History of the IUD and T-shaped Design
The history of the Intrauterine Device (IUD) for birth control is long and tumultuous. Centuries ago, traders In the Middle East prevented pregnancy In camels by inserting pebbles Into their uteri before making long treks across the desert.
The first documentation of this idea for humans was in 1909 with insertions of a ring made of silkworm gut into the uterus.
For several years, different doctors all over the world wrote about their success using variations of intrauterine devices, many of them in the shape of a coil.
Fast forward to 1969 when U.S. physician Howard Tatum tried to decrease the size of the ‘coil’ with the design of a simple plastic T, which was well tolerated but had a pregnancy rate of 18%. That same year it was discovered that copper was an effective spermicide, and the first copper intrauterine device (IUD) was developed. The contraceptive effect of intrauterine copper revolutionized IUD effectiveness. The following year a T shaped device was devised with progesterone (hormone) in a semi permeable capsule in the lower section of the T frame.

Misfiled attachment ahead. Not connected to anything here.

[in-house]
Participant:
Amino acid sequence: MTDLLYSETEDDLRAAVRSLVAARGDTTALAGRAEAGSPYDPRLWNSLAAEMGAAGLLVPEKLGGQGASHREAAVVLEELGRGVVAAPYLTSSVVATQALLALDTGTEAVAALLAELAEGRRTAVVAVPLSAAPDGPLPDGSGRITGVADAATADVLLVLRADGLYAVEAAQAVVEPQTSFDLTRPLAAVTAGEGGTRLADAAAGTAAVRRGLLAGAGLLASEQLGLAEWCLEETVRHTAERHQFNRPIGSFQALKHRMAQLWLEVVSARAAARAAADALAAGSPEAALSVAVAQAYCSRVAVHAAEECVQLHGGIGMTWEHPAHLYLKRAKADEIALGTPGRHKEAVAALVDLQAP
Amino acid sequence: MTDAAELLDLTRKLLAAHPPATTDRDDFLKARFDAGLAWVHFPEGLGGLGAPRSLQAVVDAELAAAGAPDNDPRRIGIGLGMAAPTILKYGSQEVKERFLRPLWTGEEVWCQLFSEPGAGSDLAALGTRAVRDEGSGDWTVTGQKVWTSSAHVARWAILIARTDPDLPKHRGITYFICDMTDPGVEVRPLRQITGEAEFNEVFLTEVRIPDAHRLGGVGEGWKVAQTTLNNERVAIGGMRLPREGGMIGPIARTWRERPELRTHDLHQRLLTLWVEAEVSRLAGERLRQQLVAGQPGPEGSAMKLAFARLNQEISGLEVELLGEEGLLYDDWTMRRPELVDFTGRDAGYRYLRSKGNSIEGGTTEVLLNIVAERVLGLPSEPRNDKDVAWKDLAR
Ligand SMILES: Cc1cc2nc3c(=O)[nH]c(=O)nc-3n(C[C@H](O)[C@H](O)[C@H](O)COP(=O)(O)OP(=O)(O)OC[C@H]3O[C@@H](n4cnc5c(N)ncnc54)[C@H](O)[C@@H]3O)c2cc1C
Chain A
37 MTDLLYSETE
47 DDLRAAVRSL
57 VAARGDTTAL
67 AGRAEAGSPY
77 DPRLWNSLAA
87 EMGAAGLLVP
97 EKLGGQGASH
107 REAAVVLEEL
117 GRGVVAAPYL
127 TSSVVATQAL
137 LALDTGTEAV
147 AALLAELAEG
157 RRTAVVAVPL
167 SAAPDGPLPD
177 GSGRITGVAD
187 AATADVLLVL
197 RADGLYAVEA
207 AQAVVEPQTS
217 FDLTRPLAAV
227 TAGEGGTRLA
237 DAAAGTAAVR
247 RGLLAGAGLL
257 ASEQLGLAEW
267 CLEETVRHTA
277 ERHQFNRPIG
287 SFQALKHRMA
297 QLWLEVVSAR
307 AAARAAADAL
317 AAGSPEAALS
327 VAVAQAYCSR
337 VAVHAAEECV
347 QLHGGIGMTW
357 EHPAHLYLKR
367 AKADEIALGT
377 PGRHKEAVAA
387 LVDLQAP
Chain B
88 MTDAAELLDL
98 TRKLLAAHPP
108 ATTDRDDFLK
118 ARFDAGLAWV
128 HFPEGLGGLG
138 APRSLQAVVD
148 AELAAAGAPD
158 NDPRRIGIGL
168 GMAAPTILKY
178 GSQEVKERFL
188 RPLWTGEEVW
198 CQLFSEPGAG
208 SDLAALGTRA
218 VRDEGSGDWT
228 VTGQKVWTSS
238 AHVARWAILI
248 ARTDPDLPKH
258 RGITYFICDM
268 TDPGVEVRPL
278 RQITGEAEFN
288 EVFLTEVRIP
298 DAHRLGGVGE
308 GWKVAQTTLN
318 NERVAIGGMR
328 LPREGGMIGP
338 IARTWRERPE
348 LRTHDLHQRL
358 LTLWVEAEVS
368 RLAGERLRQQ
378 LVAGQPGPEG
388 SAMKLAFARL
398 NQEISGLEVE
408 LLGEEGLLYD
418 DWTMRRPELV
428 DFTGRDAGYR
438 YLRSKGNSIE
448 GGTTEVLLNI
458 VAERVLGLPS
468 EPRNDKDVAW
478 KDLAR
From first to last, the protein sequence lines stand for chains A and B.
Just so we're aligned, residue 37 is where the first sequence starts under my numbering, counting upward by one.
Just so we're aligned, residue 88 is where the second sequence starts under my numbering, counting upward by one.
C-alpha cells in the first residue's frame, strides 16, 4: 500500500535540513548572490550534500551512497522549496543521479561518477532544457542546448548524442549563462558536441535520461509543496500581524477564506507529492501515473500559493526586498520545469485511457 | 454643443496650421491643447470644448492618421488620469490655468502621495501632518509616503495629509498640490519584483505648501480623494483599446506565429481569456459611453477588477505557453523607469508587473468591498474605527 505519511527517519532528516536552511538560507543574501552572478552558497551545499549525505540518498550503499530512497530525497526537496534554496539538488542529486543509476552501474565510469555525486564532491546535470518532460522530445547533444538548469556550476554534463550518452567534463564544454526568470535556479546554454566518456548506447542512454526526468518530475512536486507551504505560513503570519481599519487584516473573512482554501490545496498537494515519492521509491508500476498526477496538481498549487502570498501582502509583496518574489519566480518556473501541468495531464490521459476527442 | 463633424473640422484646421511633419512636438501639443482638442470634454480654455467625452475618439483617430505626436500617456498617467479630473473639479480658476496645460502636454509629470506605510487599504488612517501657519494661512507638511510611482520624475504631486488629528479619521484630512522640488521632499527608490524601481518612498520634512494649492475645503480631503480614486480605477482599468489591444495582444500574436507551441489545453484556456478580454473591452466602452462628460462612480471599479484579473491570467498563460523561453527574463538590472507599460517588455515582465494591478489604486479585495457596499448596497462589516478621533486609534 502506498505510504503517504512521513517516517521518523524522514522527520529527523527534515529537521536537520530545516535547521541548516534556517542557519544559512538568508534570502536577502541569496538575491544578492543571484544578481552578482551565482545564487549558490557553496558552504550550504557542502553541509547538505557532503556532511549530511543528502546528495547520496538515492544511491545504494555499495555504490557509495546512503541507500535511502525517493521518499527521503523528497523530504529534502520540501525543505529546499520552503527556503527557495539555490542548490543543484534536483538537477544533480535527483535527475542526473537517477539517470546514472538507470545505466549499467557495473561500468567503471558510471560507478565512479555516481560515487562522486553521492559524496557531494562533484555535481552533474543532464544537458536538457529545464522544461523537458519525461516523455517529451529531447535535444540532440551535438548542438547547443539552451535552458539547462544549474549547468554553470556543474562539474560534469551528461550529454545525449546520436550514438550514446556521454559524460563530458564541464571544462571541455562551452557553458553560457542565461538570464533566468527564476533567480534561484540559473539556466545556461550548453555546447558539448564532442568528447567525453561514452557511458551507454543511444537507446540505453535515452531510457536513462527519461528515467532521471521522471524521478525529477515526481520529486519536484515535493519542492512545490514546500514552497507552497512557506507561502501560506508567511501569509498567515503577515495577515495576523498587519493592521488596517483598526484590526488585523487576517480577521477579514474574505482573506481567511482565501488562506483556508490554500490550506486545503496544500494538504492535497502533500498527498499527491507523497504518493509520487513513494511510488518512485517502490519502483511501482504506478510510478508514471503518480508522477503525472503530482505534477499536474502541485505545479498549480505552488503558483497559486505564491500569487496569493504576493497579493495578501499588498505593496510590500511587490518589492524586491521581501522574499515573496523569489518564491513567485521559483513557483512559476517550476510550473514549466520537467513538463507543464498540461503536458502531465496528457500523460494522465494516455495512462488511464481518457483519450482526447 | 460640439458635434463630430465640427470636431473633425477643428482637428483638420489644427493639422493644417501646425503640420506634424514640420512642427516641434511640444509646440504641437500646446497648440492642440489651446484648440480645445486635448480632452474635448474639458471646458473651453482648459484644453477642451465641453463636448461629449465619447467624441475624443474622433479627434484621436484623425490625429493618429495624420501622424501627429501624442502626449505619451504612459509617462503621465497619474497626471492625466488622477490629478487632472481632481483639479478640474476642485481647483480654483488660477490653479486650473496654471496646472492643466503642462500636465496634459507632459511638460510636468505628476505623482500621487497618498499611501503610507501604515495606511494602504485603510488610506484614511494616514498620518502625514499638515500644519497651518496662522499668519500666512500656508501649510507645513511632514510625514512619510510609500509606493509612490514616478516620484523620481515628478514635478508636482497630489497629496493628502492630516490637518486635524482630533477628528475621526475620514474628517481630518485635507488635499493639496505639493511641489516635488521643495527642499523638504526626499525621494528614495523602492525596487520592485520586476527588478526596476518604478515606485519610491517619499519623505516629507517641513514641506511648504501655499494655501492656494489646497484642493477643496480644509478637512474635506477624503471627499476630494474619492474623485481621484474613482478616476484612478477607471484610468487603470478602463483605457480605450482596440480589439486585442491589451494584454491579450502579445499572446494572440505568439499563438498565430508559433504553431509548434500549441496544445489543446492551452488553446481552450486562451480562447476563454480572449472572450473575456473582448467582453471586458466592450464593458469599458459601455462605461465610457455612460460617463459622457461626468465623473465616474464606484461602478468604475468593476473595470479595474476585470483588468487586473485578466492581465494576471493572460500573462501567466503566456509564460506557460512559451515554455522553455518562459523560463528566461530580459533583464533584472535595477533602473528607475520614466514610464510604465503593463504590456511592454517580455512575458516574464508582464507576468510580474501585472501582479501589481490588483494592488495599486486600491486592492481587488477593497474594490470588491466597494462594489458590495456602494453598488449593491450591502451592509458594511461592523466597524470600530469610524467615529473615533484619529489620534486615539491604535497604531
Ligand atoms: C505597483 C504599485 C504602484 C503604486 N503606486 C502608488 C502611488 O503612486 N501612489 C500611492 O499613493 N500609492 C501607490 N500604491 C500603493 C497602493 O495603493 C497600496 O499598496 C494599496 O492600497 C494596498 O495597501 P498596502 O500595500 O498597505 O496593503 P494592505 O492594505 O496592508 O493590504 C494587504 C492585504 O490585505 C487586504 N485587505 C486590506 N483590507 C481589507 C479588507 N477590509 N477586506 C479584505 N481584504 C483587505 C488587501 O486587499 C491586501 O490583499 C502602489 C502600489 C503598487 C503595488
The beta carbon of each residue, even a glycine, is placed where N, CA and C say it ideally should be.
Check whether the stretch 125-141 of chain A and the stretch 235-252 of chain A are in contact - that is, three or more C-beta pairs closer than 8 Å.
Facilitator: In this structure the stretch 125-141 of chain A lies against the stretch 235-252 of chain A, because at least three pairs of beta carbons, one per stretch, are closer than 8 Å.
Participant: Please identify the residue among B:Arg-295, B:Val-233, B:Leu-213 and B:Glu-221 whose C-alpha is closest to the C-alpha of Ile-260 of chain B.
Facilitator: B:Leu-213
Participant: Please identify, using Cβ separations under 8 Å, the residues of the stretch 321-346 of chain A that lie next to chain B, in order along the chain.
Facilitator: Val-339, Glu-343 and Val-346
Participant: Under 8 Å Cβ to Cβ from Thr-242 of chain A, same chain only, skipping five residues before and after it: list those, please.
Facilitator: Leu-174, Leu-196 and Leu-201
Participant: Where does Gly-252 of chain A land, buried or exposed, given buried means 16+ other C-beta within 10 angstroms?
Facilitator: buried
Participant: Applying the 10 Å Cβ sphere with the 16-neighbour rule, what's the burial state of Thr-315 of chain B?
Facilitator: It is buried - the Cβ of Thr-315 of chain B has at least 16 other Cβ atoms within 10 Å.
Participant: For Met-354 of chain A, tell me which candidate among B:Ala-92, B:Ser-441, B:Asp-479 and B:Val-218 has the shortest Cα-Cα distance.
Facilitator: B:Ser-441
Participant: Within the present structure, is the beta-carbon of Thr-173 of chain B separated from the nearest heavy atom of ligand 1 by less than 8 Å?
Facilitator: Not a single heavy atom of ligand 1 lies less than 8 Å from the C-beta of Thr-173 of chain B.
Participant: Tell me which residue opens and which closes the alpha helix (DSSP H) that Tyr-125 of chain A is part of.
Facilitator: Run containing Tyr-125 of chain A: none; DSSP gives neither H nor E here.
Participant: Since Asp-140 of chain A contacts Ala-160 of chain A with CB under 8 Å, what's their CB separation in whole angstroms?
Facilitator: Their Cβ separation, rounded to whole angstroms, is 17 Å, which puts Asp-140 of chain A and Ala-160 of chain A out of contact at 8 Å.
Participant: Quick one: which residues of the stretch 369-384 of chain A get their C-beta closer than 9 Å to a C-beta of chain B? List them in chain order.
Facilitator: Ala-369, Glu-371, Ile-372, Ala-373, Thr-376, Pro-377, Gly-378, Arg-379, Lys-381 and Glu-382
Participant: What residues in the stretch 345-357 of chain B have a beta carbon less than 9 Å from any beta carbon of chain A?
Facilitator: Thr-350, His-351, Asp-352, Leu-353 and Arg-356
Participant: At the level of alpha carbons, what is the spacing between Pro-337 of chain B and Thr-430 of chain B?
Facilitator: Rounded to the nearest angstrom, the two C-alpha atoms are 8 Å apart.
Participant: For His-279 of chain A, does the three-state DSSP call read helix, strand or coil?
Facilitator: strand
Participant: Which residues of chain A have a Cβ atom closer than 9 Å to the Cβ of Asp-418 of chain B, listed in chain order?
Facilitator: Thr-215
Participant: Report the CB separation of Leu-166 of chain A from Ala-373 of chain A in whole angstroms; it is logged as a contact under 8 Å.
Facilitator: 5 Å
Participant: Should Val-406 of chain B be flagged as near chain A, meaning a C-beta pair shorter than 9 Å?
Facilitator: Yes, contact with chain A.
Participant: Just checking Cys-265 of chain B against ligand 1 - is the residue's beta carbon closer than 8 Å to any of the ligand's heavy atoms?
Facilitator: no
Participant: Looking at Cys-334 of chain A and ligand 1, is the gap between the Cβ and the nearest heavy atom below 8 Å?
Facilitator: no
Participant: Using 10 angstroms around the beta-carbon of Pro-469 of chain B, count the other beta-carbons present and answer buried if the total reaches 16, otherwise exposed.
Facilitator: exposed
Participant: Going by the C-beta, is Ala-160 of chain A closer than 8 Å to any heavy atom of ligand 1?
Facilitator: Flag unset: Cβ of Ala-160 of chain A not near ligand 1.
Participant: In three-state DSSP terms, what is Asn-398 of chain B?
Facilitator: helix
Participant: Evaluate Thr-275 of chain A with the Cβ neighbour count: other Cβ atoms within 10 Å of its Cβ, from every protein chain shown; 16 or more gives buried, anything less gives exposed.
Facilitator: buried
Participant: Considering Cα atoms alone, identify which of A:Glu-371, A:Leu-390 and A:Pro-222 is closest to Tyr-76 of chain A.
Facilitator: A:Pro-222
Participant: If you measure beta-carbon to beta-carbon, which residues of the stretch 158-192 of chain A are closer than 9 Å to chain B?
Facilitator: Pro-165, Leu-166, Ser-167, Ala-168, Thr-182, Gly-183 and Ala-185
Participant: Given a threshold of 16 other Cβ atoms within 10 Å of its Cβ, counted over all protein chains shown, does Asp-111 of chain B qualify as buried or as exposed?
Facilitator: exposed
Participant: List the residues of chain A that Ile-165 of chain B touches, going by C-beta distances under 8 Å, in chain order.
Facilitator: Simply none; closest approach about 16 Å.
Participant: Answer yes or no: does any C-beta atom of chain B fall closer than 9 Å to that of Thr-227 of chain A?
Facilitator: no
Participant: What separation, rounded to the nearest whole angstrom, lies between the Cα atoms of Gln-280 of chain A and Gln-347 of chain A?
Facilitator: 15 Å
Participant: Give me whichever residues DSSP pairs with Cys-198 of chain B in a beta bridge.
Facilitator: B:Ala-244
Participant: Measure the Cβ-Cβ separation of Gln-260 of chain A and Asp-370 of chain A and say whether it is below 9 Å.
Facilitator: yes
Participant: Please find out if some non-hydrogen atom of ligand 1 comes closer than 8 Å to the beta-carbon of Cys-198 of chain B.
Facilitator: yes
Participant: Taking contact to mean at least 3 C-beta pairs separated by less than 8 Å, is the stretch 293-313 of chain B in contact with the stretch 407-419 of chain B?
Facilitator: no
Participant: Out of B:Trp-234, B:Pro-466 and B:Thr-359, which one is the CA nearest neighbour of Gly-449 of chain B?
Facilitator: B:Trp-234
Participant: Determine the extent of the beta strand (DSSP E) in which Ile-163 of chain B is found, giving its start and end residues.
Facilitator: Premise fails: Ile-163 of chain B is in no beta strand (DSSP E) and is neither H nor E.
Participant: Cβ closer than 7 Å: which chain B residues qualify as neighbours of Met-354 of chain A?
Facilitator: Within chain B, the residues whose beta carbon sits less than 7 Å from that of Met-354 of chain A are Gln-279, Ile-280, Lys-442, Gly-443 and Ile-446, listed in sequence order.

The invention of the copper IUD in the 1960s with the capital T shaped design was finally launched in the US in 1988 when the Copper T 380A (ParaGard) was approved by the FDA.
This was followed by a levonorgestrel-releasing (progesterone) intrauterine system (Mirena) made available in the U.S. in 2001. Three more IUDs have since been approved by the FDA and all are still based on the same T-shape design.
Now, more than thirty five years later, the T-shape IUD design, although effective,
presents challenges and problems for both practitioners and patients. This includes difficult and painful insertion that has led to a ‘fear factor’, as well as perforation, expulsion, and the nuisance of dangling strings needed for removal.